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Progression of diffuse chorioretinal atrophy among patients with high myopia: a 4-year follow-up study
  1. Zhixi Li1,
  2. Ran Liu1,2,
  3. Ou Xiao1,
  4. Xinxing Guo1,3,
  5. Jian Zhang1,
  6. Decai Wang1,
  7. Monica Jong4,5,
  8. Padmaja Sankaridurg4,5,
  9. Kyoko Ohno-Matsui6,
  10. Mingguang He1
  1. 1 State Key Laboratory of Ophthalmology, Zhongshan Ophthalmic Center, Sun Yat-sen University, Guangzhou, China
  2. 2 New England College of Optometry, Boston, USA
  3. 3 Wilmer Eye Institute, Johns Hopkins University, Baltimore, USA
  4. 4 Brien Holden Vision Institute, Sydney, Australia
  5. 5 School of Optometry and Vision Science, UNSW, Sydney, Australia
  6. 6 Ophthalmology and Visual Science, Tokyo Medical and Dental University, Tokyo, Japan
  1. Correspondence to Mingguang He, Stata Key Laboratory of Ophthalmology, Zhongshan Ophthalmic Center, Sun Yat-sen University, Guangzhou 510060, People’s Republic of China; mingguang_he{at}


Aims To investigate the progression pattern of diffuse chorioretinal atrophy (DCA) among Chinese participants with high myopia.

Methods This is a longitudinal, non-interventional study. Participants with high myopia, defined as ≤−6 diopters spherical power, were included and followed up for 4 years, and underwent cycloplegic autorefraction, best-corrected visual acuity (BCVA) and fundus photography examinations. Newly established DCA, enlargement of existing DCA and development of other lesions of myopic maculopathy were regarded as DCA progression.

Results Of the 484 participants with a mean age of 21.5±12.7 years (range, 6.8–69.7 years), 68 eyes (14.0%) showed DCA progression, with 88 lesion changes. The first appearance of DCA was identified in 21 eyes (23.9%). Of 88 eyes with DCA at baseline, 47 eyes (53.4%) showed progression, with 67 lesion changes, including 45 eyes (67.2%) with enlargement of DCA, 17 (25.3%) with a first appearance of lacquer cracks, 4 (6.0%) with development of patchy chorioretinal atrophy and 1 (1.5%) with increased numbers of lacquer cracks. Longer axial length (p<0.001), baseline DCA (p=0.005) and baseline DCA closer to the fovea (p=0.013) predicted DCA progression. Eyes had poorer BCVA at the follow-up if DCA was enlarging (p<0.001) or DCA was closer to the fovea at baseline (p=0.028) after adjusting for age,gender and cataract.

Conclusion Approximately half of the participants with DCA had progression over a 4-year follow-up. Enlargement and newly developed DCA were common progression patterns. Larger areas of DCA and foveal involvement with DCA could be indicators of a worse BCVA later.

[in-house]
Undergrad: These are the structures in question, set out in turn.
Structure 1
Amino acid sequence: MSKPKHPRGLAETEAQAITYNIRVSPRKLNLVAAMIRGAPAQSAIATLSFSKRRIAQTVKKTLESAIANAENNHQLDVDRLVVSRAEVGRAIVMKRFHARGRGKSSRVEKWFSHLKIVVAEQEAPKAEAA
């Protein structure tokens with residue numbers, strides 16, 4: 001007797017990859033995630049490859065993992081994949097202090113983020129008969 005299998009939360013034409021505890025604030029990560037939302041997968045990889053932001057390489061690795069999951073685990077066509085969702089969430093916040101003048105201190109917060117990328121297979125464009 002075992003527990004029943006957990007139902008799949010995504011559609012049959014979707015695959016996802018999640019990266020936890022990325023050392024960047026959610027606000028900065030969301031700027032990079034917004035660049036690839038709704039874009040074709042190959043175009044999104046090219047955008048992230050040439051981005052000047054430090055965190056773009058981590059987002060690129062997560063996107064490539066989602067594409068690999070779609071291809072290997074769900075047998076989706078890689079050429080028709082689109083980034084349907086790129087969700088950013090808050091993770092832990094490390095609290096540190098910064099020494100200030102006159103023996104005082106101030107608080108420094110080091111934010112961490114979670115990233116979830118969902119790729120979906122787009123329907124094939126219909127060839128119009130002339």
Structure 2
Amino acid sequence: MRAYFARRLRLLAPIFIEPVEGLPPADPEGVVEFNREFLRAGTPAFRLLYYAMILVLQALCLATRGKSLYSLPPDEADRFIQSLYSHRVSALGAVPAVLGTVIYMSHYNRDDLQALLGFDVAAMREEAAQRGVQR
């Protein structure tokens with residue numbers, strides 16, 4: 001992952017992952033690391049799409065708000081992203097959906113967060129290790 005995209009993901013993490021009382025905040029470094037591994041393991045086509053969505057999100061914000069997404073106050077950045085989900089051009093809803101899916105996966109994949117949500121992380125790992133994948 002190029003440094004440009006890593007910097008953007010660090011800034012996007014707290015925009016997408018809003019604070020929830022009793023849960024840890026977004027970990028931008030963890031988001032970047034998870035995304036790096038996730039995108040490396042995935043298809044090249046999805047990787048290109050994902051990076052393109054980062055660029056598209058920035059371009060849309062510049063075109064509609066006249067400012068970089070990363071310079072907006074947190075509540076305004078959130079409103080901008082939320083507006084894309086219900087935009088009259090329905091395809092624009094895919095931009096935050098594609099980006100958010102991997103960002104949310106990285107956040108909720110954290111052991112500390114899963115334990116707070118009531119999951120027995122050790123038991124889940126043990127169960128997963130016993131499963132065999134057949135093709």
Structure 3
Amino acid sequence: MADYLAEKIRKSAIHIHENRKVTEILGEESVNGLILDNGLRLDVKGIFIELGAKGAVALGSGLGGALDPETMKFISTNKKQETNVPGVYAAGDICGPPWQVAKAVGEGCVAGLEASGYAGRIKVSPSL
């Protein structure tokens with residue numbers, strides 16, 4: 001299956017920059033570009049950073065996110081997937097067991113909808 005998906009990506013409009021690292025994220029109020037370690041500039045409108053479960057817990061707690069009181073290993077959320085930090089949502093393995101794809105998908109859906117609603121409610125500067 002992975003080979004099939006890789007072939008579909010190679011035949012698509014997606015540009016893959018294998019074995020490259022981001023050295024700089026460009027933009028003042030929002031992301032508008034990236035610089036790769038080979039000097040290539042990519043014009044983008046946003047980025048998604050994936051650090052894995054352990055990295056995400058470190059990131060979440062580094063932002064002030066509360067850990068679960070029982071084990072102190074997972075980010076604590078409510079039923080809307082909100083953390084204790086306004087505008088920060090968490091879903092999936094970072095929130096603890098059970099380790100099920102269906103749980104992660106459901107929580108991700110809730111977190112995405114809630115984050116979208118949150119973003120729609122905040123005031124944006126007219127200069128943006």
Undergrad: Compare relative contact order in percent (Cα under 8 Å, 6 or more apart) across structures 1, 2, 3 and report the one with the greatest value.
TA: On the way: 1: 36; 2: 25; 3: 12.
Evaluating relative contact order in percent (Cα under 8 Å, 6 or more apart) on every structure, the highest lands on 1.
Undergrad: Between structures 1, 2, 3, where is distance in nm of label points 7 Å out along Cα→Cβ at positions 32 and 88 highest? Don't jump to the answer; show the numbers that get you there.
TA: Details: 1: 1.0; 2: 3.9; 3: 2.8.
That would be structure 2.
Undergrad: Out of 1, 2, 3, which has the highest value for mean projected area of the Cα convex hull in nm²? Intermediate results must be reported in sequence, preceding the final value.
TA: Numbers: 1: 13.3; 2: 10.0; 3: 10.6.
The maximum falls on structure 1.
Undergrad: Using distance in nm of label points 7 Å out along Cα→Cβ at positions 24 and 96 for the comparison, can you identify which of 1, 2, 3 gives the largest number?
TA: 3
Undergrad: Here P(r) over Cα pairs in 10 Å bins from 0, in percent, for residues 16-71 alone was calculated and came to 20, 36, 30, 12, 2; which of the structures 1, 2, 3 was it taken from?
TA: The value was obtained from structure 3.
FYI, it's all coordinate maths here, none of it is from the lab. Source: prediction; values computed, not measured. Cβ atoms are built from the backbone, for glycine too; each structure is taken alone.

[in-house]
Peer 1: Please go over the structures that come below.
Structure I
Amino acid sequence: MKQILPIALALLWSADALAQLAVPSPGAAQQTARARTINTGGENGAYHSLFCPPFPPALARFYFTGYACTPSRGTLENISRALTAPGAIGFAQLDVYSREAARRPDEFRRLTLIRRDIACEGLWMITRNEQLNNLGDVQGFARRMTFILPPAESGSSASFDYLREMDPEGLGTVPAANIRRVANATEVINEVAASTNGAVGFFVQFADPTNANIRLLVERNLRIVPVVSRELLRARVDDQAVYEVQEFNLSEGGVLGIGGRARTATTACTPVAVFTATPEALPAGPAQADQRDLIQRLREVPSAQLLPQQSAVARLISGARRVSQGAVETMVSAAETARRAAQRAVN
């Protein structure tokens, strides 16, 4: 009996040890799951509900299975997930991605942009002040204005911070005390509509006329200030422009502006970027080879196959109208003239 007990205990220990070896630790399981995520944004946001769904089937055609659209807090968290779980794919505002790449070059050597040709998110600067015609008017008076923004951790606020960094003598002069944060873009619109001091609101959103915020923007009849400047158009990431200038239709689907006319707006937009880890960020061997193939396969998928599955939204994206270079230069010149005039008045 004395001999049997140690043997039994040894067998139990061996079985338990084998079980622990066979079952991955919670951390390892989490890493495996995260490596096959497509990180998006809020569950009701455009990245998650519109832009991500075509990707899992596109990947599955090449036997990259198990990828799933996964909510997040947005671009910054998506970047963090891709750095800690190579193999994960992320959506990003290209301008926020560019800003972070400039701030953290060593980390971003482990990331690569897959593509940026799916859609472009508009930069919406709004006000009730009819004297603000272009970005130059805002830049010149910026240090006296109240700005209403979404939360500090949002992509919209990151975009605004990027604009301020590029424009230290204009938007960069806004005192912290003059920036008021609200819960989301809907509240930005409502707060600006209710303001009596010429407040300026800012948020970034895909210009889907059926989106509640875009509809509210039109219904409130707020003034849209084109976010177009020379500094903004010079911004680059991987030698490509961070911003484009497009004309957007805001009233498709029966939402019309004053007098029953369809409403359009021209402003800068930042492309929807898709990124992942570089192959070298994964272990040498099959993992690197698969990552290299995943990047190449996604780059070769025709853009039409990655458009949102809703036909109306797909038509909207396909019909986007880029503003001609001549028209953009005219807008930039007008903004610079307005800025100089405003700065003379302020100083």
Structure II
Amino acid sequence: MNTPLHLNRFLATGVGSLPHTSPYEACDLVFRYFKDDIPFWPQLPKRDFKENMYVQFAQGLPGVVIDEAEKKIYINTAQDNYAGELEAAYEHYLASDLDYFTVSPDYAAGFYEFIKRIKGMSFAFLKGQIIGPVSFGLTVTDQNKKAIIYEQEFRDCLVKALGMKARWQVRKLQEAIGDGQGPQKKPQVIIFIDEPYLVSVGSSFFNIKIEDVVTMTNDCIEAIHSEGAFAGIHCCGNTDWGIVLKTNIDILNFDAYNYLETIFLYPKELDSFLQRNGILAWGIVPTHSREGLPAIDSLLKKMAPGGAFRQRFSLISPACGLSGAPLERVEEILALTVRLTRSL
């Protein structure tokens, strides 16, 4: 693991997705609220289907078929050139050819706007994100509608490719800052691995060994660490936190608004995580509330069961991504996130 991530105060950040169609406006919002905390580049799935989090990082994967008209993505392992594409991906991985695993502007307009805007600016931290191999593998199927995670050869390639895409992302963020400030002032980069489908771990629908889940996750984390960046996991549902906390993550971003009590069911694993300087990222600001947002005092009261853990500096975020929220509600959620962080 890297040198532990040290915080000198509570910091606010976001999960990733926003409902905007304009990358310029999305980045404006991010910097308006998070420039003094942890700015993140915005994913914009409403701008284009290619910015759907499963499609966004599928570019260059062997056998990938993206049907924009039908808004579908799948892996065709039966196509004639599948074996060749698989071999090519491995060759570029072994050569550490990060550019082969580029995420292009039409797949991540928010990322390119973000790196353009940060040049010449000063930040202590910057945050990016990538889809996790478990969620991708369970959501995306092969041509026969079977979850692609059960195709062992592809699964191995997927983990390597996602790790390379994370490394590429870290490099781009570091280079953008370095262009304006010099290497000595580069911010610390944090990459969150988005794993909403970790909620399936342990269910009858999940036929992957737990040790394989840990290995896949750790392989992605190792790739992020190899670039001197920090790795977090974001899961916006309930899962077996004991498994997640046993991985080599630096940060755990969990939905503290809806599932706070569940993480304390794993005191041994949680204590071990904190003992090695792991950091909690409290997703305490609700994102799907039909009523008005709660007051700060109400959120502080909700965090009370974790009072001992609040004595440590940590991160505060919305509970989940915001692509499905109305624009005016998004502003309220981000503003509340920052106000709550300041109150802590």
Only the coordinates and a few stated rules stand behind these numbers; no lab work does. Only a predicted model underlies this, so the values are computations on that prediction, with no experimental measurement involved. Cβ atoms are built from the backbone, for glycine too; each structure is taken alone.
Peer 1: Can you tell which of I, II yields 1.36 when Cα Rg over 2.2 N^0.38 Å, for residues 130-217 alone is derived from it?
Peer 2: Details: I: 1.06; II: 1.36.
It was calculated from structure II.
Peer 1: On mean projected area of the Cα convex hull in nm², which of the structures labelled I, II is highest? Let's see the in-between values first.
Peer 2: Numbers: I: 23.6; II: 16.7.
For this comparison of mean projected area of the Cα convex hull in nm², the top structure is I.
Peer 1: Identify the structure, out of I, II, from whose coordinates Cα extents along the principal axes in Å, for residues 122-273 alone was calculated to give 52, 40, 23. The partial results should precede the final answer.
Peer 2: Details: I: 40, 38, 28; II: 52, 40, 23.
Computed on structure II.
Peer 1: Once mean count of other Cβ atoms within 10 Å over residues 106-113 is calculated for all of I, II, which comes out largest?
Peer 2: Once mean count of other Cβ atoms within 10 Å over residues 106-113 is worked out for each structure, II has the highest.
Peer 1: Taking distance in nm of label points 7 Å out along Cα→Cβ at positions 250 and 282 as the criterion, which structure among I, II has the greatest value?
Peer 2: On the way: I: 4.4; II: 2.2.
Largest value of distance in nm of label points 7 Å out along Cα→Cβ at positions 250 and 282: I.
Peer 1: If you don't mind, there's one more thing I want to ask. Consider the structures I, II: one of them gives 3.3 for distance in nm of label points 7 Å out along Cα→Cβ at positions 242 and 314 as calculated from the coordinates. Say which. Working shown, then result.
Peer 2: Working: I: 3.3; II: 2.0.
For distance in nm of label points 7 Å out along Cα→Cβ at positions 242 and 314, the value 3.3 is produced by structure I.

• Retina
  • Epidemiology
  • Optics and Refraction

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  • Contributors MH had full access to all the data in the study and takes responsibility for the integrity of the data and the accuracy of the data analysis. Study concept and design: ZXL, MH. Data acquisition, analysis or interpretation: all authors. Drafting of the manuscript: ZXL. Critical revision of the manuscript for important intellectual content: MH. Statistical analysis: ZXL, JZ. Obtained funding: MH. Study supervision: JZ, MH.

  • Funding This work was supported by the National Key R&D Program of China (2018YFC0116500), the Fundamental Research Funds of the State Key Laboratory in Ophthalmology, National Natural Science Foundation of China (81420108008) and Science and Technology Planning Project of Guangdong Province in China (2013B20400003). The sponsor or funding organiszation had no role in the design or conduct of this research.

  • Competing interests None declared.

  • Ethics approval Ethics approval (2012KYNL002) was obtained from the Board Ethics Committee of Zhongshan Ophthalmic Center, Sun Yat-sen University in China. The research adhered to the Declaration of Helsinki and Chinese law, and informed consent was acquired from all subjects.

  • Provenance and peer review Not commissioned; internally peer reviewed.

  • Data availability statement Data are available upon reasonable request.

  • Supplemental material This content has been supplied by the author(s). It has not been vetted by BMJ Publishing Group Limited (BMJ) and may not have been peer-reviewed. Any opinions or recommendations discussed are solely those of the author(s) and are not endorsed by BMJ. BMJ disclaims all liability and responsibility arising from any reliance placed on the content. Where the content includes any translated material, BMJ does not warrant the accuracy and reliability of the translations (including but not limited to local regulations, clinical guidelines, terminology, drug names and drug dosages), and is not responsible for any error and/or omissions arising from translation and adaptation or otherwise.

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